Tackling metabolic syndrome by functional foods
Tackling metabolic syndrome by functional foods
Authors: Khan, M.I. Anjum, F.M. Sohaib, M. Sameen, A.
Publication Name: Rev. Endo. Metab. Disord.
Publication Details: Volume 14; Pages 287-297
The metabolic syndrome is one of the most vibrant and widely prevailing health concerns worldwide. It is characterized by several metabolic abnormalities, which involve obesity, insulin resistance, dyslipidemia, enhanced oxidative stress; hypertension and increased pro inflammatory state that ultimate contribute towards poor health. The prevalence of metabolic syndrome in Pakistan according to different definitions is reported to be from 18 percent to 46 percent. Fifty percent of Pakistani population is at high risk of metabolic syndrome as being hypertensive. In studying dyslipidemia in Pakistan, hypertriglyceridemia is found in 27 to 54 percent of the population, whereas 68 to 81 percent has low levels of high-density lipoprotein (HDL). Population likes to eat healthier diet without changing their fundamental dietary pattern. Nutrition science has moved on from the classical concepts of avoiding nutrient deficiencies and basic nutritional adequacy to the concept of positive or optimal nutrition. Many traditional food products including fruits, vegetables, flaxseed, oat, barley, whole grains, soy and milk have been found to contain component with potential health benefits. Nowadays, functional foods are used in the prevention and amelioration of several chronic diseases, such as the metabolic syndrome. The relation of the consumption of certain functional foods and the improvement in health status is regulated through health claims. This review focuses on the different features of the metabolic syndrome and the influence of functional foods on these aspects, involving dyslipidemia, improvement of insulin sensitivity, serum lipid profile, antioxidant status, anti-inflammatory status and weight management of humans. (Authors abstract)
This paper presents a comprehensive overview of various functional foods and their riels in the prevention and treatment of disease and chronic condition. The Metabolic Syndrome includes central obesity, high triglycerides, reduced high density lipoprotein (HDL) cholesterol, blood pressure, or fasting plasma glucose of human.
The definition of functional foods is not universal; neither exists in a legislation of functional foods, which differs between different countries of the world. The most common used definitions arise from the International Food Information Council (IFIC) and from the International Life Sciences Institute (ILSI). The IFIC described that functional foods are foods or dietary components that may provide a health benefit beyond providing basic nutrition. The ILSI regards a food as functional when ‘it has satisfactorily demonstrated to affect beneficially one or more target functions in the body, beyond adequate nutritional effects, in a way that is relevant to either an improved state of health and wellbeing and/or a reduction of risk of disease.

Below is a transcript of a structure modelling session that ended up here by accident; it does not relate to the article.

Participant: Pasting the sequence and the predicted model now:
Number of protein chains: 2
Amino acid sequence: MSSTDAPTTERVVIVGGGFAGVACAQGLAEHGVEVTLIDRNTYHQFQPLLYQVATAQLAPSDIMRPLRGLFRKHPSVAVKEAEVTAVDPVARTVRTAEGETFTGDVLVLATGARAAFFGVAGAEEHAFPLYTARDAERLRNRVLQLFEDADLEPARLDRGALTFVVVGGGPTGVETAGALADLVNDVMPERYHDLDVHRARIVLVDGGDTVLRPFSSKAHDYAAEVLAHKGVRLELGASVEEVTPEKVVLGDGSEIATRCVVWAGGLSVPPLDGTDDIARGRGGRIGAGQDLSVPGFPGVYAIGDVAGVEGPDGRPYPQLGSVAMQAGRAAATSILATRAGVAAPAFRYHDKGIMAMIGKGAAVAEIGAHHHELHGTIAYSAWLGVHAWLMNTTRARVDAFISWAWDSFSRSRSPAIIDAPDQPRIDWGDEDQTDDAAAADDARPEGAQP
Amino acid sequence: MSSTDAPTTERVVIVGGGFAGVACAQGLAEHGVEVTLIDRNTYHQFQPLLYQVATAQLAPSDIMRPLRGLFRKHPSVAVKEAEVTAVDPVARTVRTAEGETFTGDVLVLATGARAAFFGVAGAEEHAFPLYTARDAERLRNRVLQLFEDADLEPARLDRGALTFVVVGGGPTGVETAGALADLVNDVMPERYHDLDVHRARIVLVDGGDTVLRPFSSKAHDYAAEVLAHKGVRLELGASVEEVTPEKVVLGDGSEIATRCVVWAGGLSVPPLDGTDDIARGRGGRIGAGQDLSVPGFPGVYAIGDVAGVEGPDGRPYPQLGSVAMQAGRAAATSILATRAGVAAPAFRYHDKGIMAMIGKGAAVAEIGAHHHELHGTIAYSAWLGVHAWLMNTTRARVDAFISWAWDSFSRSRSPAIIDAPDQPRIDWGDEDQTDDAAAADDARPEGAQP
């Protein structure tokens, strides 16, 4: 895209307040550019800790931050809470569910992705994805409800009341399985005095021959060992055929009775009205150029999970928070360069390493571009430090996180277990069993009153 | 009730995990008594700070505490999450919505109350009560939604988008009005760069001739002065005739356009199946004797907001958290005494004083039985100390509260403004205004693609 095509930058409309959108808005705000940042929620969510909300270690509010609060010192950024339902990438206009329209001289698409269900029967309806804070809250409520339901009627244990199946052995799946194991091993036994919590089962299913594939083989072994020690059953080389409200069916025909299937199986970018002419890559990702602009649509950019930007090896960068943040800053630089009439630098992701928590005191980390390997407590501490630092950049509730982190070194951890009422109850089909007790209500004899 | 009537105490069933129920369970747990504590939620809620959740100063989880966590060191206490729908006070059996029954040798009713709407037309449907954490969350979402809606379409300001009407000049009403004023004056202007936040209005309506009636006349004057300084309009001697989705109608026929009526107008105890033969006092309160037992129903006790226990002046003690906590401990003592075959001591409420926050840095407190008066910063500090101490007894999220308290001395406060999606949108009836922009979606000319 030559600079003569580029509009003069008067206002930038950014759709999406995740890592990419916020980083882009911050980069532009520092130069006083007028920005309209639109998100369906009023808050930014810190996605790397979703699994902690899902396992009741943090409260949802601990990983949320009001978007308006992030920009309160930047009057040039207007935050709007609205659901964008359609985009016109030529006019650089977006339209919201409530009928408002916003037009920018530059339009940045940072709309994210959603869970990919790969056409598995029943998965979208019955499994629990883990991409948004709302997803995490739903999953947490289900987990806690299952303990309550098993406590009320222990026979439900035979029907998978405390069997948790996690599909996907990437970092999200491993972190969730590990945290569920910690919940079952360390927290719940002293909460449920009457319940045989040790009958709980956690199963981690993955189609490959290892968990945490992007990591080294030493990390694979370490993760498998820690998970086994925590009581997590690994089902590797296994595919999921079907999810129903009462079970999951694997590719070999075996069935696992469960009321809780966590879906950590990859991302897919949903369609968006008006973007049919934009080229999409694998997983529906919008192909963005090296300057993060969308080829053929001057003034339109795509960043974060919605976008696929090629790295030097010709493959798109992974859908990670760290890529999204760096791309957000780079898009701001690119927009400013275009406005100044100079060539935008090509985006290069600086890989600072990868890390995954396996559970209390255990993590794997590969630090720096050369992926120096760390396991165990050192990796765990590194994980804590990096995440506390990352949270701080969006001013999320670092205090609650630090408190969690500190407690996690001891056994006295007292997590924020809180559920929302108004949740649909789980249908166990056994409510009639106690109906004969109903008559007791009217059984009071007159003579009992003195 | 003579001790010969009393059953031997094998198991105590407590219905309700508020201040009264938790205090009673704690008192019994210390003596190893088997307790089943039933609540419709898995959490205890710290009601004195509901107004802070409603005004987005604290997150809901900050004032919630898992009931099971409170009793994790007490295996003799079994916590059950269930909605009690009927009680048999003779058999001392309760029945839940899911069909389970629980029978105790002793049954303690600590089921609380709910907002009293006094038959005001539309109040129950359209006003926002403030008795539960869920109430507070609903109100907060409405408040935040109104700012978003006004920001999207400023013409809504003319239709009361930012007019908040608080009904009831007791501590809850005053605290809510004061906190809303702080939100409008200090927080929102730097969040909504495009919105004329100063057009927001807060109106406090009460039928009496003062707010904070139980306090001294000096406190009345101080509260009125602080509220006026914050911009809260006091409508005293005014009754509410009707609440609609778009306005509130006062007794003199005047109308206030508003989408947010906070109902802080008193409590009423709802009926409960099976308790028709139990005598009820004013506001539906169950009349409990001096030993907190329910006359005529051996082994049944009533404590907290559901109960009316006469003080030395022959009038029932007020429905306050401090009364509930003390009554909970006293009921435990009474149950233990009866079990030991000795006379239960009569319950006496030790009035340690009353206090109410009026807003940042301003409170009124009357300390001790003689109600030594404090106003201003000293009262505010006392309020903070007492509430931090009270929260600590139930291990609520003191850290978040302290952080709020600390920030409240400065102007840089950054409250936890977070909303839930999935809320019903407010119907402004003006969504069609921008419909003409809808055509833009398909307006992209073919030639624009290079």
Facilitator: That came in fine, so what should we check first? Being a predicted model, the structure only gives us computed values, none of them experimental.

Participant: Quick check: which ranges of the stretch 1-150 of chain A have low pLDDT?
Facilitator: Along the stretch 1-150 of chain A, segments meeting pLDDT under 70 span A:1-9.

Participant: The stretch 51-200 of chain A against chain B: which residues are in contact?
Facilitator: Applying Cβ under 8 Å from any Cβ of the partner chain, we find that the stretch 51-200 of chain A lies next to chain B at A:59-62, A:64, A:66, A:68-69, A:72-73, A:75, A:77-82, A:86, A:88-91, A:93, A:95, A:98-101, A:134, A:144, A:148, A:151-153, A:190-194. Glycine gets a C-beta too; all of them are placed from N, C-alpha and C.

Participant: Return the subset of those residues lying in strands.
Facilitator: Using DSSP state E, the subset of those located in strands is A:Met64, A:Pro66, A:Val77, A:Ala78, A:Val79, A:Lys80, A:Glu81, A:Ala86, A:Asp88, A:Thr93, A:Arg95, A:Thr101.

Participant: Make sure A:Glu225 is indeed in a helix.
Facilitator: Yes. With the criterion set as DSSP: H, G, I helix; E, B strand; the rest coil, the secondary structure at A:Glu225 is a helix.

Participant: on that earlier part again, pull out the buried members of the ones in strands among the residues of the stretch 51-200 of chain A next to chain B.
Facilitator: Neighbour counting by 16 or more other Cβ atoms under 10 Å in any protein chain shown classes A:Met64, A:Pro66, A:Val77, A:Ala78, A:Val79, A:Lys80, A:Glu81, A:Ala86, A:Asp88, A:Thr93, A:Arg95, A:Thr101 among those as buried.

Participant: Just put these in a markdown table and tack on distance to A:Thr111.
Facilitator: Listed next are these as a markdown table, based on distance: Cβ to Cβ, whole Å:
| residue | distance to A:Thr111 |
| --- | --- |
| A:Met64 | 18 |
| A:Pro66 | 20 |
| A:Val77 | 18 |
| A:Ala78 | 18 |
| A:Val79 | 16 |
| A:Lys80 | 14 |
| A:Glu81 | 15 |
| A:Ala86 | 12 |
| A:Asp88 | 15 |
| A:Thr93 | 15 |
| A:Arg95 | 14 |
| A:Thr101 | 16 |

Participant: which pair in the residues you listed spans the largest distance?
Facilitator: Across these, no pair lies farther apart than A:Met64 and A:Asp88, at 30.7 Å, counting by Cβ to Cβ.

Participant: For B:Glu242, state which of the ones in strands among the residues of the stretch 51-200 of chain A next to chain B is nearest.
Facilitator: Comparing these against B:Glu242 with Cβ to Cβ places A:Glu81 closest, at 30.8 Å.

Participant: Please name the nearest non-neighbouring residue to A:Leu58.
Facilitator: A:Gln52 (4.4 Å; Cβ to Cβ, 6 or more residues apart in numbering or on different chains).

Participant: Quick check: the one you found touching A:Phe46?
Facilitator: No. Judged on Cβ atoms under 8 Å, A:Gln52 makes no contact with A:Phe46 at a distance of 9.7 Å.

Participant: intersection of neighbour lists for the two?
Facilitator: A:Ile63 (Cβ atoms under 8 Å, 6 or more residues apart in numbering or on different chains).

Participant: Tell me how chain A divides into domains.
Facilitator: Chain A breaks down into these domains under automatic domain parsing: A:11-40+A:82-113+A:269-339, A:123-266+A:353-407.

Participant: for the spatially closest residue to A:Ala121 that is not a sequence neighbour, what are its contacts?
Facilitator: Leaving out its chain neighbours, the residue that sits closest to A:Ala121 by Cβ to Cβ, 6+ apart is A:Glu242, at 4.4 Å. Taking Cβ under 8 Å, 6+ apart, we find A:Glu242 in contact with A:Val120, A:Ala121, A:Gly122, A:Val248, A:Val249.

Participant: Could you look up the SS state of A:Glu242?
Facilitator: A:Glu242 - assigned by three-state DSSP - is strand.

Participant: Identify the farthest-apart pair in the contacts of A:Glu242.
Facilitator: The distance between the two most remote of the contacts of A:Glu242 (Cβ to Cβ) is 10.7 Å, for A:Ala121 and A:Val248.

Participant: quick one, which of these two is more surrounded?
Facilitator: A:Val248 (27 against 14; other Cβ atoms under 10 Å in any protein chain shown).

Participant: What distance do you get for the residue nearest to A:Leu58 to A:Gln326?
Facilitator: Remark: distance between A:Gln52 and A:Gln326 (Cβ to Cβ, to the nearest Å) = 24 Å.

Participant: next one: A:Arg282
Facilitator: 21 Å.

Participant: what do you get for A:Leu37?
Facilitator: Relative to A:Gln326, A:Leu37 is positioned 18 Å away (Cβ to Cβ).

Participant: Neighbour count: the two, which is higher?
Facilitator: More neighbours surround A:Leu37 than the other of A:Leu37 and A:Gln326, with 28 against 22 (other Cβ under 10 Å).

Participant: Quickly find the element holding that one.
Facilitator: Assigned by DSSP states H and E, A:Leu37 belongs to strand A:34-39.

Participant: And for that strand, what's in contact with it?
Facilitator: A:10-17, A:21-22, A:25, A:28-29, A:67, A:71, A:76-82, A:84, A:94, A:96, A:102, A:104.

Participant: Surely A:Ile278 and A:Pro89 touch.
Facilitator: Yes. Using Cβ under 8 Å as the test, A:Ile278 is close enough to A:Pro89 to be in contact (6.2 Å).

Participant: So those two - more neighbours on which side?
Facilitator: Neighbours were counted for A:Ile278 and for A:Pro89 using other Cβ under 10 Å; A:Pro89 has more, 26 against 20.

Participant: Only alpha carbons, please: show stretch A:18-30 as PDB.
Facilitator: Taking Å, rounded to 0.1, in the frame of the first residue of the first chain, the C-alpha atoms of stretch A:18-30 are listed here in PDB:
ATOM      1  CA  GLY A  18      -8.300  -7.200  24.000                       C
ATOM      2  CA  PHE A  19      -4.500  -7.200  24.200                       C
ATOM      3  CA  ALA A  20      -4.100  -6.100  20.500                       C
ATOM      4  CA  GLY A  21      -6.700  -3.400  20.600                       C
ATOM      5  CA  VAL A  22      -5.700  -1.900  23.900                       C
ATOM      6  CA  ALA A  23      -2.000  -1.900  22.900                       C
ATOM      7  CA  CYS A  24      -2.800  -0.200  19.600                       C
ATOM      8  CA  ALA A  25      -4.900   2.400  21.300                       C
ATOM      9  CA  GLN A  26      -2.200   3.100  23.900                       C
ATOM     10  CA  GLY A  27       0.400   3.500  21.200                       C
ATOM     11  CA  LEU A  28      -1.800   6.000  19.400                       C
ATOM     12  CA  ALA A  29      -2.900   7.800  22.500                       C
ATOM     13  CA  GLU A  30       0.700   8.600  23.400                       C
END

Factors contributing to this reshaping of the food supply include: an aging population, increased health care costs, self-efficacy and autonomy in health care, advancing scientific evidence that diet can alter disease prevalence and progression. The scientific evidence for functional foods and their physiologically active components can be categorized into 4 distinct areas clinical trials, animal studies, experimental in vitro laboratory studies, and epidemiologic studies.
The dietary intake of omega-3 fatty acids (n3 PUFA) decreases the risk of heart disease, inhibits the growth of prostate and breast cancer, delays the loss of immunological functions,
and is required for normal fetal brain and visual development. The consumption of flaxseed has also been shown to reduce total and LDL cholesterol. Dietary flaxseed is one of the most concentrated sources of protein, dietary fiber and essential fatty acids. Flaxseed also contains all of the amino acids for a complete protein. It is an excellent source of fiber, lecithin, vitamins and minerals. Moreover, flaxseed is significant for its role in lowering the risk of breast and colon cancers. Among the major seed oils, flaxseed oil contains the most (57 percent) of the omega-3 fatty acid, ALA. It also contains significant level of fiber-associated compounds known as lignans. The two primary mammalian lignans, enterodiol and its oxidation product, enterolactone, are formed in the intestinal tract by bacterial action on plant lignan precursors. Flaxseed is the richest source of mammalian lignin precursors. The regular consumption of flaxseed has also been shown to reduce total and LDL cholesterol, as well as platelet aggregation.
The papers provides an impressive review of the role of functional foods in dyslipidemia, insulin resistance, anti-hypertensive and anti-inflammatory potential of functional foods, and the thermogenic properties of functional foods and weight loss. Nutritional therapies can potentially prevent or may decrease the chances of incidence of these syndromes. Considerable experimental evidence suggest that functional foods and nutritional supplements can potentiate the insulin sensitivity, glucose tolerance, obesity, hypertension and dyslipidemia have been reversed via targeted application of these essential nutrients as functional foods. In a nutshell, the use of functional and designer foods endowed with solid scientific evidence of efficacy would help to curtail the incidence of syndromes. (Editors comments)